All the available evidence, including substantial peer-reviewed scientific literature, demonstrates conclusively that these health services save lives and promote the health of people who use drugs. This includes opening doors to treatment. Rather than conduct an unnecessary review and delay expansion of these services, the Ontario government should work with community organizations and health providers to rapidly scale up these services. Delays mean more preventable overdose deaths and new infections of HIV, hepatitis C and other illnesses that could be averted.
Multiple reviews of the evidence have already been done, and have established that SCS and OPS:
provide a needed health service, reducing overdose deaths and the sharing of drug-injection equipment (and the associated risk of transmission of blood-borne infections);
increase access to addiction treatment and other necessary health services; and
benefit public order by reducing public injecting.3
As you know, Canada is experiencing a large-scale opioid overdose crisis. In Ontario alone, overdose deaths related to opioids increased by 45 per cent in 2017, with more than three people dying every day during that year.4 The opioid overdose epidemic has been called “the worst drug safety crisis in Canadian history.”5 HIV, hepatitis C and other infections, as well as overdose deaths, are preventable if the right measures are taken. These include increasing voluntary access to treatment for problematic drug use (where Ontario must do better), and also simultaneously scaling up evidence-based harm reduction services such as SCS and OPS.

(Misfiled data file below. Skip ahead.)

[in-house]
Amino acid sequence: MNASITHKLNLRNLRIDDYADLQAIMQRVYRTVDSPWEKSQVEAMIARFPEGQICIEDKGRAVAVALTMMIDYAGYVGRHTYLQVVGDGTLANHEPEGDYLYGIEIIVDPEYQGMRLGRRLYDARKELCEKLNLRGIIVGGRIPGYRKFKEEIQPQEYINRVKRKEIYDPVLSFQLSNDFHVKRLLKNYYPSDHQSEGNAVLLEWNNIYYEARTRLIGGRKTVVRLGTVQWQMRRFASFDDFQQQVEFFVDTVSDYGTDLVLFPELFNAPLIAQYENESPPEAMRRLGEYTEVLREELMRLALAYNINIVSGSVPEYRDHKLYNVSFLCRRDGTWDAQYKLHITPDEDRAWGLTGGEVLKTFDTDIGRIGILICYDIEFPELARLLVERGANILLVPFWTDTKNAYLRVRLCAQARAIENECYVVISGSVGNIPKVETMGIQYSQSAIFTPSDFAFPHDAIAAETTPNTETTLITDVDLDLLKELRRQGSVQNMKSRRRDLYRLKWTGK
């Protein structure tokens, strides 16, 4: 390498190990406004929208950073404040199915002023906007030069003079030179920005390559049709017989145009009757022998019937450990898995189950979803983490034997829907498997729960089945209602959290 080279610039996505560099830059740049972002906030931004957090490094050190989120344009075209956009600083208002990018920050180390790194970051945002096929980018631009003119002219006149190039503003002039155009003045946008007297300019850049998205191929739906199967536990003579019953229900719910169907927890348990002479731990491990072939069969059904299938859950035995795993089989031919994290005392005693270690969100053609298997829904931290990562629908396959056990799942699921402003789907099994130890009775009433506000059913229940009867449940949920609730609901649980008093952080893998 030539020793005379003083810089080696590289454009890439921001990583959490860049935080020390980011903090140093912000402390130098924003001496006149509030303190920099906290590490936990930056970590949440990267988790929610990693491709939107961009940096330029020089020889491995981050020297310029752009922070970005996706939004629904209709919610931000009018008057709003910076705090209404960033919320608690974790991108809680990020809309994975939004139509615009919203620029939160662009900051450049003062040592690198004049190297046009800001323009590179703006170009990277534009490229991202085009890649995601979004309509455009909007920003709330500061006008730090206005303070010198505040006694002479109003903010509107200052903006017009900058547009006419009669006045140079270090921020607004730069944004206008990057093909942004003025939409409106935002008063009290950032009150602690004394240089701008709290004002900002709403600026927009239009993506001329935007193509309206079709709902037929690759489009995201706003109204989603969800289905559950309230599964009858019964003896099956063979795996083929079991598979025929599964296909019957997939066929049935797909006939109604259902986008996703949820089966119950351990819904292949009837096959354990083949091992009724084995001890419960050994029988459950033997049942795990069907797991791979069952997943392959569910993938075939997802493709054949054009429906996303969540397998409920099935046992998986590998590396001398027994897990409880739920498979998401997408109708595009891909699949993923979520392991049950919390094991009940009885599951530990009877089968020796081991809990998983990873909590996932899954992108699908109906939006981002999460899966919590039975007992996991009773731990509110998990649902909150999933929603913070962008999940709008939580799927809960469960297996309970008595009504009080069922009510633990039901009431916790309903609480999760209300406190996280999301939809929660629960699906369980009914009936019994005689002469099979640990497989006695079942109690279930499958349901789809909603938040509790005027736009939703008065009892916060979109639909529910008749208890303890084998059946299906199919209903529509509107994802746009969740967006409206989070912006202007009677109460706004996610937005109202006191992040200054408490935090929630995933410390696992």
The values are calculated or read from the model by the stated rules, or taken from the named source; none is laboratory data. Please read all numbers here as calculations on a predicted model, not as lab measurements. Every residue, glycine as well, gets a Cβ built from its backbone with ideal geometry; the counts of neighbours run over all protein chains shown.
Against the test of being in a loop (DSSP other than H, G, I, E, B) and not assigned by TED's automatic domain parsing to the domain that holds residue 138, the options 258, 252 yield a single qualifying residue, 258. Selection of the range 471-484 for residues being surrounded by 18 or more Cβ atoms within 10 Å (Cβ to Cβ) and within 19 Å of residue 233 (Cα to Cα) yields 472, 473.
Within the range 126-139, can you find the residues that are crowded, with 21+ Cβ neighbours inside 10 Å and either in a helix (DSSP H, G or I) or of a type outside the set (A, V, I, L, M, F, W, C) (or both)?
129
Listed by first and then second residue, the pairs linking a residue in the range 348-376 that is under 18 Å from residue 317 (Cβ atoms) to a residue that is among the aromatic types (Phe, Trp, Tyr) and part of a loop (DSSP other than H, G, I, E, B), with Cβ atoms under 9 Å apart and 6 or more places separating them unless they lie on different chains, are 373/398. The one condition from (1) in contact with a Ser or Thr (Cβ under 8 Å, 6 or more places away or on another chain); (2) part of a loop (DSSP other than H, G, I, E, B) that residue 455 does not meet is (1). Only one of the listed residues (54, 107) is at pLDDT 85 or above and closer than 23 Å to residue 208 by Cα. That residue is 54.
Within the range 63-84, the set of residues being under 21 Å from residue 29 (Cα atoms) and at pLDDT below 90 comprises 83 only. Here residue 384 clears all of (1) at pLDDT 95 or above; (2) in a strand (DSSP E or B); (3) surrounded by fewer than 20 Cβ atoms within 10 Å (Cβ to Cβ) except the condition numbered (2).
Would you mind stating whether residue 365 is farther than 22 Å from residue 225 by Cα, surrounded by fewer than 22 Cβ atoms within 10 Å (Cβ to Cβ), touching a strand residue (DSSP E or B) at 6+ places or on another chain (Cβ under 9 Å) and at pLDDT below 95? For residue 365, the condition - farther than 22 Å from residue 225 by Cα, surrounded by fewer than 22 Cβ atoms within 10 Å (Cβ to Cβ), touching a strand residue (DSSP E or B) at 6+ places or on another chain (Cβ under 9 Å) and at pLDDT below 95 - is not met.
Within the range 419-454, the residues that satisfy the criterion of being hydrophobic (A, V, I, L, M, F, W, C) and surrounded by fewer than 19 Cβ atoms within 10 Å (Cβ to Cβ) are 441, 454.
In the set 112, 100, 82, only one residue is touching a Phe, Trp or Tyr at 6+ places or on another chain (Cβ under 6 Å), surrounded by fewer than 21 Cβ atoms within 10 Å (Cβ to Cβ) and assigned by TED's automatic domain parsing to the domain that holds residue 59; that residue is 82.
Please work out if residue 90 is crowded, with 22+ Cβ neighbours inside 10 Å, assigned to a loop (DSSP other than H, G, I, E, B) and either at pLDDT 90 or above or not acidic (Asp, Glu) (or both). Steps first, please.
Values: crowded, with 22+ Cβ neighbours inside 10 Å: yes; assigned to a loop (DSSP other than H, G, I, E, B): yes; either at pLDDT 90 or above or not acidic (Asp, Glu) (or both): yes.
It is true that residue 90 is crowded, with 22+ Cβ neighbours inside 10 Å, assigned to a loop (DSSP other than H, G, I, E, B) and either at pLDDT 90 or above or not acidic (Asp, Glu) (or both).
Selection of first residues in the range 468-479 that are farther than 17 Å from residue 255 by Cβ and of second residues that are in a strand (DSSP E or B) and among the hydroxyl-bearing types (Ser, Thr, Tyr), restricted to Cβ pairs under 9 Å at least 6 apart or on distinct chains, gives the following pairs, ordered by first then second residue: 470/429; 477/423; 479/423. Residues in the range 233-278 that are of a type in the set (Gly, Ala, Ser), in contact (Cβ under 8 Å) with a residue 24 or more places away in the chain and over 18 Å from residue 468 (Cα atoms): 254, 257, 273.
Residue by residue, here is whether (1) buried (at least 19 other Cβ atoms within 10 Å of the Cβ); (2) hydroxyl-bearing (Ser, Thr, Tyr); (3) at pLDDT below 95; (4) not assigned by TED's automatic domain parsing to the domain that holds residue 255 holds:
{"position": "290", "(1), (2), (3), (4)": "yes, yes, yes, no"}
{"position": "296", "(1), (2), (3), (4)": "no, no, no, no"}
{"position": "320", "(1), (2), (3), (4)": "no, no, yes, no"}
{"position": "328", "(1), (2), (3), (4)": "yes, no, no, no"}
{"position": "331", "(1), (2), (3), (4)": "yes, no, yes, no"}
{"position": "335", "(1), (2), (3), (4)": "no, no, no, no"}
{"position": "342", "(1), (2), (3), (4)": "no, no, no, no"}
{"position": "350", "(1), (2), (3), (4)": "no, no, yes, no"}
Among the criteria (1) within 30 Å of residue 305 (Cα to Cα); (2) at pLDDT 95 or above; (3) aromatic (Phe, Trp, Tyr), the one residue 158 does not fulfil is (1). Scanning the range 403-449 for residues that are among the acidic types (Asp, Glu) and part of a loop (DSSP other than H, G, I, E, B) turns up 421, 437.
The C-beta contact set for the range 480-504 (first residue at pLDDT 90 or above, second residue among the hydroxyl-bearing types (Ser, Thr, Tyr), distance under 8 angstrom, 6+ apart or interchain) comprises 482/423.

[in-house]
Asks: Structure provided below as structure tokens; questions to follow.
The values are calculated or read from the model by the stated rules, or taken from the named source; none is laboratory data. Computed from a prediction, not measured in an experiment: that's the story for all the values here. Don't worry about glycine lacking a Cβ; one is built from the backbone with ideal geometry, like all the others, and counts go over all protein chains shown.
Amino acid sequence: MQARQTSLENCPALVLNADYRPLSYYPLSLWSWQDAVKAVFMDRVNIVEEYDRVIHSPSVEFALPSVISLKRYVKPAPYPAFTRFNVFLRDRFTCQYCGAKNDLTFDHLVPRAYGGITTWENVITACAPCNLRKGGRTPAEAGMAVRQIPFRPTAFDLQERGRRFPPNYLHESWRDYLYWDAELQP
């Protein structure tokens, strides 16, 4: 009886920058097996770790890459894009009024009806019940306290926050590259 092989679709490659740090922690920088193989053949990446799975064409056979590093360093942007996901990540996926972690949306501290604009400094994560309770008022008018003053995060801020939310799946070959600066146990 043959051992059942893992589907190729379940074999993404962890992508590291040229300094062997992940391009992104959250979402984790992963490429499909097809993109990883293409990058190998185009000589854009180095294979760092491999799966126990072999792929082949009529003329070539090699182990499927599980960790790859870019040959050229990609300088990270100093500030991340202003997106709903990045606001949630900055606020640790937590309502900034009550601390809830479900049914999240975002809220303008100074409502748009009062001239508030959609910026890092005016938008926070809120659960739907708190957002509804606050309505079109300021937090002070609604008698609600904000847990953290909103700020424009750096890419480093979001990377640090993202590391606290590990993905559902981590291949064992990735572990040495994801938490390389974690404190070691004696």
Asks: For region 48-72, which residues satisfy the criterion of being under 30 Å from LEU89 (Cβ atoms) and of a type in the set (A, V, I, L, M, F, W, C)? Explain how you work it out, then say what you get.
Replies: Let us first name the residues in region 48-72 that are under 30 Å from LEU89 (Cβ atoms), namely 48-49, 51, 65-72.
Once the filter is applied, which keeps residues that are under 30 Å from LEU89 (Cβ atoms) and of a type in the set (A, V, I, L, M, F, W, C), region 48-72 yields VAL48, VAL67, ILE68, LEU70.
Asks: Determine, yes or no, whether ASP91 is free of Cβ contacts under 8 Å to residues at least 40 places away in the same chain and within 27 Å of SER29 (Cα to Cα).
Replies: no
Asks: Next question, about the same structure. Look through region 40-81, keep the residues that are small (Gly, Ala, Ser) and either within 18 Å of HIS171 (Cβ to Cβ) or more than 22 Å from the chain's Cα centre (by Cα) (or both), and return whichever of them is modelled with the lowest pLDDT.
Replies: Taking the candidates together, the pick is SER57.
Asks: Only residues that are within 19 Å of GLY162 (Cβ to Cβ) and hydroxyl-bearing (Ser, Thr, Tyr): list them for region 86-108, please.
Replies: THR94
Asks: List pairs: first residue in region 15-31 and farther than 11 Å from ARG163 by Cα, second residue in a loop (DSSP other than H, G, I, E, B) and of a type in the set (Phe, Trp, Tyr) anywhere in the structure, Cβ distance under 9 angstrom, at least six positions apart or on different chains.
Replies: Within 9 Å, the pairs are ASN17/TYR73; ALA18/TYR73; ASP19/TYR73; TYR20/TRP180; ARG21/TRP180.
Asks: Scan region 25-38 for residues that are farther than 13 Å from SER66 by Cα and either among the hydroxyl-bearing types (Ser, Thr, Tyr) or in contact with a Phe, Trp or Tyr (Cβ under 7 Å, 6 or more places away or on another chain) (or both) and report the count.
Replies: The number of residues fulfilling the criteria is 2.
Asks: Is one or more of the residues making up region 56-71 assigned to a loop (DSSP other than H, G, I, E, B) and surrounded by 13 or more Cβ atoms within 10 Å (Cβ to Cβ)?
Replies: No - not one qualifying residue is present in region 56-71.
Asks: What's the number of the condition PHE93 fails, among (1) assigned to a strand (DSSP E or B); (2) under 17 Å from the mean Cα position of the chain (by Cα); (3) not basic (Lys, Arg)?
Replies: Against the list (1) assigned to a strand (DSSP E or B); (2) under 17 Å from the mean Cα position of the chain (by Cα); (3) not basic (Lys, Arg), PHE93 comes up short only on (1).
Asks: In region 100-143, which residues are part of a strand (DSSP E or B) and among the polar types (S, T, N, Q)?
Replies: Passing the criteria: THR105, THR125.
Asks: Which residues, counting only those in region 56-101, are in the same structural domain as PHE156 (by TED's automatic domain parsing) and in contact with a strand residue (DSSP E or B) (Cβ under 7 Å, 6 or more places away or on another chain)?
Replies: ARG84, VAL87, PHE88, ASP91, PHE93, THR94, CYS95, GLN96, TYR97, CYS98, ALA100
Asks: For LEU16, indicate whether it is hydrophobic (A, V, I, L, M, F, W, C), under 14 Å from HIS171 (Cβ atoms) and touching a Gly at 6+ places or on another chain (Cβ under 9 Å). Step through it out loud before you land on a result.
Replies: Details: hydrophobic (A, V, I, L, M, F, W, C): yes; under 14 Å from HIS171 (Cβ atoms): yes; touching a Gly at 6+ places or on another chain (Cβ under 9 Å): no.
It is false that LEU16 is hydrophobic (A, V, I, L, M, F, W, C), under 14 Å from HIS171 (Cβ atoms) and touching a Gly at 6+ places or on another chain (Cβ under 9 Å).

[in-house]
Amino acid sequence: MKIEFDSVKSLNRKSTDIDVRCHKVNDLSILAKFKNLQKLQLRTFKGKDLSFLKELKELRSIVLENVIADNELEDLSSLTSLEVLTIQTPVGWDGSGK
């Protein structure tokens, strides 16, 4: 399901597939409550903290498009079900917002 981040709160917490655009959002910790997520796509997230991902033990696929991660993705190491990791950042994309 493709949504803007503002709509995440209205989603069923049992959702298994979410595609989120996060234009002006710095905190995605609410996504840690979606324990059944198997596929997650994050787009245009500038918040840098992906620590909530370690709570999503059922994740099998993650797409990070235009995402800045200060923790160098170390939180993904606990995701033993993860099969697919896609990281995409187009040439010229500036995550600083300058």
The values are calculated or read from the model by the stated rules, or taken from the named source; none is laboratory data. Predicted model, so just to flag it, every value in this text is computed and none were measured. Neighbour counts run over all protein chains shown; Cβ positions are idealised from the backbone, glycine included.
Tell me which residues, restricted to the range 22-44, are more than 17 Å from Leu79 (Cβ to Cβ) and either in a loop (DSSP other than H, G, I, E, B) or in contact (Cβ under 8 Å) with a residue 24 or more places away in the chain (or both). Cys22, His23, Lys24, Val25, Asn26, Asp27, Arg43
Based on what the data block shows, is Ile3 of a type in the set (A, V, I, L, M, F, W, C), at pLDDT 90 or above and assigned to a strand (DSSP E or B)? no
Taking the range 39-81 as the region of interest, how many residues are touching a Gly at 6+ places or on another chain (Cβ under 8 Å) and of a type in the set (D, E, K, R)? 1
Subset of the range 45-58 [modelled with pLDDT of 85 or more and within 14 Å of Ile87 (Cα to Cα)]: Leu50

We urge you to heed the recommendations of experts in public health, front-line clinicians, harm reduction staff, and people with lived experience of drug use. Rather than impeding access to life-saving health services, we urge you to work with community organizations and other health services providers to ensure greater, equitable access to SCS and OPS for the people of Ontario.
Aboriginal Legal Services
ACAS—Asian Community AIDS Services
Action Canada for Sexual Health and Rights
Addiction Services of Thames Valley
Addictions and Mental Health Ontario
Africans in Partnership Against AIDS
AIDS Coalition of Nova Scotia
AIDS Committee of North Bay and Area
AIDS Committee of Toronto
AIDS Committee of Windsor
AIDS Committee of York Region
AIDS Vancouver Island
Alliance for Healthier Communities